The Truth About Open Source In The Enterprise


When I first got into IT back in the late 90′s as a teen, I was always baffled by the landscape in regards to infrastructure and software.  And coming from a Linux background, who could blame me?  When I went off to get my secondary education, I chose the vocational route and I chose to certify in Novell and Microsoft because they were the two major players at the time.  And in my opinion, Novell was actually doing it right with the NDS operating system which seemed way ahead of windows NT at the time.

Now you have to remember that 14 years ago, Linux was not the OS that you see on today’s desktops and mobile laptops/netbooks.  It was more like Unix –or even DOS –in that the user interacted with it via the terminal and shell on a frequent basis.

Even so, I could not understand why every shop ran Windows servers and desktops.  The money that could have been saved on file servers alone could have paid an actual person’s salary for a year.  It all seemed so wasteful especially on the server side, especially when it came to file servers and shares that could have easily accomplished the same thing using SAMBA.  Heck, you could even have email up and running with Sendmail and Procmail all for free.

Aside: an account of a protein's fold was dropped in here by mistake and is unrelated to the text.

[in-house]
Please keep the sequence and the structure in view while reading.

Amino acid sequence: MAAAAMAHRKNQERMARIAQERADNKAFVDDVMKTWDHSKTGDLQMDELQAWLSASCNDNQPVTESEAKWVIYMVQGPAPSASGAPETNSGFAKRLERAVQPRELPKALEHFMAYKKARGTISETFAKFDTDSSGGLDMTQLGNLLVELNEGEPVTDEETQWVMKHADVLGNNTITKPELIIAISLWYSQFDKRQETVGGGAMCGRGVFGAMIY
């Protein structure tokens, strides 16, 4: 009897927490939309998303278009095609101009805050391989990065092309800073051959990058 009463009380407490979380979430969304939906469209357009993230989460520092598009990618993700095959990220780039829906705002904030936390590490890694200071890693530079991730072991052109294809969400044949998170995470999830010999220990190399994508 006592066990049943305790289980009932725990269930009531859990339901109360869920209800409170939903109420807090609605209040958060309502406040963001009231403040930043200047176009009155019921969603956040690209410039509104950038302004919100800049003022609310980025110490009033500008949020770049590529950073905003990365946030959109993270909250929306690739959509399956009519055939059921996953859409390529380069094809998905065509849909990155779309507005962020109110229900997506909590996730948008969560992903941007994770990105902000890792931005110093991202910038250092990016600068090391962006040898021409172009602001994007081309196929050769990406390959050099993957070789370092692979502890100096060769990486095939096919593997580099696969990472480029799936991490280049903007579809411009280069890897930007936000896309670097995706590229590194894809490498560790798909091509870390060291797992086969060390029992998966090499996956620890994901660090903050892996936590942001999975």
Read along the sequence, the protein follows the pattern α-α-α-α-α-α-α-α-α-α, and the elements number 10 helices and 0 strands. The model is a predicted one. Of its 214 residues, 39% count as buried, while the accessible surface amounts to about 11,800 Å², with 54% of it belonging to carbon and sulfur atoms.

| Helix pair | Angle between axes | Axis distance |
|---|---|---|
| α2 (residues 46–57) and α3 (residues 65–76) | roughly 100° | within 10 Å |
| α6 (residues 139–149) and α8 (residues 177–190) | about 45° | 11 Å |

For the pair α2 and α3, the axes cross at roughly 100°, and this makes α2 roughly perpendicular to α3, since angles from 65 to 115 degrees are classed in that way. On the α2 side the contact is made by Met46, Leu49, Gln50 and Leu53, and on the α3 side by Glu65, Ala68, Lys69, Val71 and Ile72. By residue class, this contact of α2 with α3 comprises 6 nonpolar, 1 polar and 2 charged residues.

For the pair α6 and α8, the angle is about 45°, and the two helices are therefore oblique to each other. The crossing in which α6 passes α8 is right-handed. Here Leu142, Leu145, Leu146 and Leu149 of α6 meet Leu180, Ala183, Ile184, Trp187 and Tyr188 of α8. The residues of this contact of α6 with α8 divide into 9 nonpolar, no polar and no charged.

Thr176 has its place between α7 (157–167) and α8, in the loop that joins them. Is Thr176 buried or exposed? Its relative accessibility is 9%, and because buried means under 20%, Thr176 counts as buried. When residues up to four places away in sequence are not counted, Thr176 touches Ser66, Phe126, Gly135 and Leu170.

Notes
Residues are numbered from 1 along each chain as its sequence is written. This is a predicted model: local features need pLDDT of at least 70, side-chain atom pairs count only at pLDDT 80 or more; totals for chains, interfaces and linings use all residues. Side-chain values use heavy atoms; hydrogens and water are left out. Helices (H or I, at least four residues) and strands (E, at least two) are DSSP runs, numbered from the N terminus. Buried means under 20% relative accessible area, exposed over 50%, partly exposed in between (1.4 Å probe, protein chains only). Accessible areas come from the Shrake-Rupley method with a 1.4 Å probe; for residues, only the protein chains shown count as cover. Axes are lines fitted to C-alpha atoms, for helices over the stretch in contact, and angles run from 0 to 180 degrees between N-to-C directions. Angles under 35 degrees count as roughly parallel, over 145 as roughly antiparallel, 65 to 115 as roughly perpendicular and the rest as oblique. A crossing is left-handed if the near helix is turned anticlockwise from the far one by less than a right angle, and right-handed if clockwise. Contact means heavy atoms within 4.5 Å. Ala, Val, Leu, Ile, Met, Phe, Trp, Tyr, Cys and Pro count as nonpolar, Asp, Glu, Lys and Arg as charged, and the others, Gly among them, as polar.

One of the broader complaints I hear from net admins –other than Linux is to hard and complicated, which it is not) –comes in the area of user management and shares –because it’s so hard to do –which is easy enough to manage if you’re on an Active Directory enabled domain.  But what is the solution for easy management under linux?   This is a question I always hear, to which I say “I have been using Webmin for almost 12 years now –which pre-dates Active Directory –and let me tell you it is a breeze!”  It allows you to not only manage users and shares on your network, but pretty much all aspects of your network, from scheduled backups, cron jobs, software packages, and clusters, just to name a few.  If you would like to check out webmin, you can download and install it from here.